Pongal Festival celebrated by agrarian communities does not end with making tasty pongal, worship and sharing pongal greetings and wishes. Several Indian farming communities also have a small dairy with anywhere between one and ten cows (sometime even more) and bulls. These rural dwellers observe the day after Pongal Festival as Maatu (cow in Tamil language) Pongal to honor cows and bulls which provide them with a steady stream of income all through the year.
For this special occasion, cows and bulls are bathed and groomed in the early hours of the morning in a common village water body /temple tank. A special rangoli is created for the day with aloe vera stuck into a heap of cow dung. Five holes are made in the dung to be filled with milk, cottonseed extract, gooseberry pulp, turmeric paste and pongal prepared on the day. A square is drawn around this using brick powder and a basket covers the dung. Other rangoli patterns are drawn using rice powder or color powder beyond the square. It is a tradition for cows and bulls along with the members of the household to cross over this arrangement (after removing the basket).
Pongal prepared on this day is fed to the cows and bulls and their mouths washed with water. Several customary worship rituals accompany the celebration. Cows and bulls are taken around the town and their heads washed in the village water body with gingili oil, gooseberry pulp and soap nut powder (shikakai) accompanied by the Pongal chant, ‘Pongal o Pongal’.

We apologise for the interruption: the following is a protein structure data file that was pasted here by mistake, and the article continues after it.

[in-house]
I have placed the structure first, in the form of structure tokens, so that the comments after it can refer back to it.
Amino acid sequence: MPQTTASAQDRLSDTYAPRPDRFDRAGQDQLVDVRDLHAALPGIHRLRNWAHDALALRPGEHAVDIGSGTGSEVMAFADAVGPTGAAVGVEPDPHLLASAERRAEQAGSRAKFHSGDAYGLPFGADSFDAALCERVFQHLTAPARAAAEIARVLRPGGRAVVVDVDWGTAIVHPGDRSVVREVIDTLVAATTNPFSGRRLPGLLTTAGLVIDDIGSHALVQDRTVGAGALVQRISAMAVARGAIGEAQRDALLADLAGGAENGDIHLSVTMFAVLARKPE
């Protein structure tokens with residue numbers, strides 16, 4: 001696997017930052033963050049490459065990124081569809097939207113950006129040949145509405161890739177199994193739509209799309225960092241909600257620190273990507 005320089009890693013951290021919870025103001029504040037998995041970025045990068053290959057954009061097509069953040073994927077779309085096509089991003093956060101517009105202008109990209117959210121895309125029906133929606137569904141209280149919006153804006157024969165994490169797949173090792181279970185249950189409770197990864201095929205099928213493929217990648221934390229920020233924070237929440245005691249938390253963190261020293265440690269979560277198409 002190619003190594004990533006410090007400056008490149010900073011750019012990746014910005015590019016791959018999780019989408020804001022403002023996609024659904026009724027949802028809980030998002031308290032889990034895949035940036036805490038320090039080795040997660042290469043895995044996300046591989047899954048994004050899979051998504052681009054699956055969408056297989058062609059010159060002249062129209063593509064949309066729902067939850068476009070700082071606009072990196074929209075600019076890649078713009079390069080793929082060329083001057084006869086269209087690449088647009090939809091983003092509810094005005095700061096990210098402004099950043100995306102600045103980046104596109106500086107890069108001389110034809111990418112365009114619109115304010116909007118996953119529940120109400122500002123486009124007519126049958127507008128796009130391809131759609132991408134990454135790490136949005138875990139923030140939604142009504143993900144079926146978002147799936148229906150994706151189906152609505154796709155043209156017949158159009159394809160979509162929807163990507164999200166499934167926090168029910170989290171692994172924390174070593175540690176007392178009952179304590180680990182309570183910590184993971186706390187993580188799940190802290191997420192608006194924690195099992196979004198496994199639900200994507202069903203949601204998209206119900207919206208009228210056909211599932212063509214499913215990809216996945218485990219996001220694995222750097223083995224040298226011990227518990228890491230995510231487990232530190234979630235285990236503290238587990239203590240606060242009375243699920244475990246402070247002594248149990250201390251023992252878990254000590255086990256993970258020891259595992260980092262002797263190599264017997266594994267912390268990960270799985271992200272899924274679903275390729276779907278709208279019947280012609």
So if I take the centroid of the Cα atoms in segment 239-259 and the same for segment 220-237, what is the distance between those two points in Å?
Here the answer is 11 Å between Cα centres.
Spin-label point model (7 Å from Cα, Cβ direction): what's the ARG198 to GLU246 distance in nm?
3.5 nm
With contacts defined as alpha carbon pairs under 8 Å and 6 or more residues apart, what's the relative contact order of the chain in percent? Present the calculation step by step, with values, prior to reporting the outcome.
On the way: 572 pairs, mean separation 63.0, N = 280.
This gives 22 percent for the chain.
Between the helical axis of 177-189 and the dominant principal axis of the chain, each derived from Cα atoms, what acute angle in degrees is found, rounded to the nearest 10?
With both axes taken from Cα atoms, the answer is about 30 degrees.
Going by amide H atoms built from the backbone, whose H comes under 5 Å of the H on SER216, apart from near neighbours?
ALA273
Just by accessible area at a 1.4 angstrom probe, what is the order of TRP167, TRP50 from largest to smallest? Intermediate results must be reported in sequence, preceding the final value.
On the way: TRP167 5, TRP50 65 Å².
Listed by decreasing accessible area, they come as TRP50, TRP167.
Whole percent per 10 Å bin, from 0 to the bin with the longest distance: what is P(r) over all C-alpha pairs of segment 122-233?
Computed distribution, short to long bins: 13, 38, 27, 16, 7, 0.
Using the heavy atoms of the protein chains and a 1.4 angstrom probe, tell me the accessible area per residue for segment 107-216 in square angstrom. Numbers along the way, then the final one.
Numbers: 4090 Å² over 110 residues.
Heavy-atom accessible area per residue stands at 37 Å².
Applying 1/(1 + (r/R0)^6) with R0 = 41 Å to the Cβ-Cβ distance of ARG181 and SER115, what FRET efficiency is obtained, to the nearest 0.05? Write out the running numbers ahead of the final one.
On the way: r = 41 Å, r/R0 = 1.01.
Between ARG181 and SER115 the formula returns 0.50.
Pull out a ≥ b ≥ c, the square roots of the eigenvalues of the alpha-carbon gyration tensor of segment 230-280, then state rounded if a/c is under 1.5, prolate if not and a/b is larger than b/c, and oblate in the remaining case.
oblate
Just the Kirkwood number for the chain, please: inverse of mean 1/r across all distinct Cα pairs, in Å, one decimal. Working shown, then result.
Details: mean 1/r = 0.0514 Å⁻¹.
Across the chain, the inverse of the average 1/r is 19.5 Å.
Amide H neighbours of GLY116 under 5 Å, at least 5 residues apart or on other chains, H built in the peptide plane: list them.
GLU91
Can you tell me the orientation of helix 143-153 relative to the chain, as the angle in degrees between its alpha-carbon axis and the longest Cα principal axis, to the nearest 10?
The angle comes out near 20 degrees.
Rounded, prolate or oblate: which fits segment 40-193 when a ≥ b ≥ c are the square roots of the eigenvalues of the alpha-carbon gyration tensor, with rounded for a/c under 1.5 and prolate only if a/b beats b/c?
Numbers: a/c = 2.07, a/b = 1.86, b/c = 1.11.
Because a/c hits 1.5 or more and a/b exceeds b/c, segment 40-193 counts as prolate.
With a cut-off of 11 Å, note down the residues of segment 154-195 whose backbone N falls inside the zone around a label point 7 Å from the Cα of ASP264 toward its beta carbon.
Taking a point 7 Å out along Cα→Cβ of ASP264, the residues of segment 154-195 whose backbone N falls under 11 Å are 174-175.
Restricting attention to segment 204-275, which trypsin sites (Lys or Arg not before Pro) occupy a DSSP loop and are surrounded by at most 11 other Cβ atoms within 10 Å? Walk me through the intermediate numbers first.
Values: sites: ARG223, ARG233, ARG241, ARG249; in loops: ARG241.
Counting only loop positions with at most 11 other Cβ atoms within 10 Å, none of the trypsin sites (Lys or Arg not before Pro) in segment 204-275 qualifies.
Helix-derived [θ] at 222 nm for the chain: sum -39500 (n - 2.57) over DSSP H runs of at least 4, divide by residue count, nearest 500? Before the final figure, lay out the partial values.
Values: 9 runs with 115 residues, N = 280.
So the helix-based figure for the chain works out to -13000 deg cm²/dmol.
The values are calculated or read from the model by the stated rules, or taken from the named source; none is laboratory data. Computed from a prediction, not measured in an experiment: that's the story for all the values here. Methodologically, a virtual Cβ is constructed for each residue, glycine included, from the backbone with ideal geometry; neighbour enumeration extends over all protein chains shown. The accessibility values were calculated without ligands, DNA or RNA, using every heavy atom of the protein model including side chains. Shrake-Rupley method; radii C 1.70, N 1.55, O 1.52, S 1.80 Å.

The following day cows’ and bulls' horns are painted with bright colors and tiny bells attached to their horns or in a string around their neck. Floral garlands adorn the animals’ necks and Kum Kum (vermillion) and turmeric decorate their heads. At times multicolored blankets are placed on bulls’ back.
Some dairy farmers use the occasion to collect money from their customers and so lead their decked up cows from house to house.
Another traditional practice that highlights the day is Jalli kattu - Indian Bull Taming Sport. Bulls are reared to take part in this sport where young men of the village are given a reward if they manage to tame wild bulls. The sport ends with several causalities and even deaths, yet continues to be a very much sought after event that takes place year after year.
Cows always have a special place in Indian Culture where they are considered sacred and gentle animals that deserve protection. Maatu Pongal is one day when these animals are pampered with festivities and get the appreciation they certainly deserve for being a means of livelihood for rural communities.
Here is a book that details the traditions of Pongal Festival.
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